Calculating individual contributions to climate change: Journal Club with Anton Eriksson

While there is broad consensus about the causes of climate change, it’s more difficult to work out what measures individuals can take to fight it. In this blog post, Grantham Scholar Anton Eriksson unpicks the climate change calculations that he discussed with his fellow PhD students during one of their regular Journal Club sessions.

This week’s paper

How harmful are the average American’s greenhouse gas emissions?‘ by J. Nolt

Anton Eriksson
Anton Eriksson

The scientific community almost unanimously agrees that human-induced climate change is happening and that we need to reduce our global greenhouse gas emissions in order to mitigate it. Some people take this to imply that we each have reason to act against climate change. Perhaps we should eat less meat, choose public transportation, or otherwise try to reduce our individual emissions of greenhouse gasses. Others however, argue that individual efforts to combat climate change are futile. Since individual actions have such small impacts, the reasoning goes, they make no global difference—it’s not as if my purchase of one steak causes the sea levels to rise. This seems like a serious worry that we might need to address in order to get people to take effective action on climate change.

One contribution to this debate has been given by John Nolt, who authored a paper on the harmful contributions individuals make to climate change. This paper was the focus of this week’s Journal Club.

In the paper, Nolt seeks to produce an estimate of how much harm is caused by the average American’s greenhouse gas emissions. By doing so, he wants to defend the claim that individuals do, in fact, cause harm through their emissions. More precisely, he argues that an average American, through their lifetime emissions, causes the death and/or suffering of one or two future people. This figure is the result of a calculation whereby Nolt takes the total American greenhouse gas emissions and divides it by the US population. This figure is then related to the American share in the total amount of harm caused by climate change, which is then again divided by the US population.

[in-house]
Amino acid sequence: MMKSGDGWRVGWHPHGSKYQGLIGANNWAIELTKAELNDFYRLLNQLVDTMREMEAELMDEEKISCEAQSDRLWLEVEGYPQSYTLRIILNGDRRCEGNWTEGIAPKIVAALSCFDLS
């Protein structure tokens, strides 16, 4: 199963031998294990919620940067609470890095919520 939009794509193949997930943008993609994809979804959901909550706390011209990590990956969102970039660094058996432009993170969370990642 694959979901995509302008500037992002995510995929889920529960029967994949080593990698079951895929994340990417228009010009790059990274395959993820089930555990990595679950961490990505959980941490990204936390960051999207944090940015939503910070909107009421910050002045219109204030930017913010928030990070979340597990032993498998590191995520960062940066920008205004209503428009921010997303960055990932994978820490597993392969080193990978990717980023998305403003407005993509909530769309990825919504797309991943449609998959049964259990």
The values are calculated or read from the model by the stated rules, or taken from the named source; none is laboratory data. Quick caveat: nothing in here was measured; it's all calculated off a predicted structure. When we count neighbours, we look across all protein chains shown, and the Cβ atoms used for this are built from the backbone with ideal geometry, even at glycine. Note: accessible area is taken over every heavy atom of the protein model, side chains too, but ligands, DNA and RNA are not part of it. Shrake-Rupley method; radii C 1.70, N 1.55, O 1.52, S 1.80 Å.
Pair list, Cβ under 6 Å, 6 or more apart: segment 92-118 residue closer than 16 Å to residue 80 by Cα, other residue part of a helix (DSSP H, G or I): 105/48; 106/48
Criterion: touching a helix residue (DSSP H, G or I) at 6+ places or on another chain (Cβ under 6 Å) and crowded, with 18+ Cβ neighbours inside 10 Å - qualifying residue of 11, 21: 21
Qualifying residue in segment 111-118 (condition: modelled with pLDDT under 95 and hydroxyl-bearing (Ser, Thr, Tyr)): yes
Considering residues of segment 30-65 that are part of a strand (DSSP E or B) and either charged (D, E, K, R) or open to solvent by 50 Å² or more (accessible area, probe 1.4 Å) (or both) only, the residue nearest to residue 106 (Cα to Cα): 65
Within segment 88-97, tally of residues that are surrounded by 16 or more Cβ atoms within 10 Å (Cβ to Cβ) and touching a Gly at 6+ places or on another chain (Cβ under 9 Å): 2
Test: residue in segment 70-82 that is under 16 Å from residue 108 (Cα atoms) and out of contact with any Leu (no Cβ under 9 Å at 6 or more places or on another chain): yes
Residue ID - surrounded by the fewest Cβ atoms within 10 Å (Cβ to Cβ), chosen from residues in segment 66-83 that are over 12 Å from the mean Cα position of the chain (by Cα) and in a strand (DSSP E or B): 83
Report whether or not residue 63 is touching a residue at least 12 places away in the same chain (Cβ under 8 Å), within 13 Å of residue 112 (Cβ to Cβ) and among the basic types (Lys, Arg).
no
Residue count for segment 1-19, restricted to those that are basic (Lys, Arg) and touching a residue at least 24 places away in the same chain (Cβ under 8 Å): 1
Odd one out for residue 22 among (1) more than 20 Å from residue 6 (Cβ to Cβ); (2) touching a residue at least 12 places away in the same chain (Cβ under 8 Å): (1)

Naturally, all of these steps rely on a number of contentious assumptions. Some of these were the focus of the discussion of Nolt’s paper. One issue raised by other Grantham Scholars was that by dividing the total emissions of the US by the number of Americans, Nolt fails to take into account how emissions are distributed among them. Some Americans are bound to have very big emissions footprints, while others have very small ones. It can therefore be asked how useful such an estimate is for the purpose of showing that particular individuals make a difference to climate change. Another topic that we discussed was that any estimate of the total harm caused by climate change will be problematic: since much of the harm and suffering which results from climate change will take place in the future, the figures used by Nolt can at best be seen as very crude approximations.

In sum, the general sentiment of the discussion seemed to be that Nolt’s project, although flawed and relying on a set of problematic assumptions, might still have some merit. Some of the points that Nolt’s paper provoked might come to guide further research on the topic. The Grantham Scholars all seemed to agree that the topic of individual responsibility for climate change is an important one. A reliable estimate of the individual impacts of everyday actions might be a powerful tool to engage people to take action against climate change.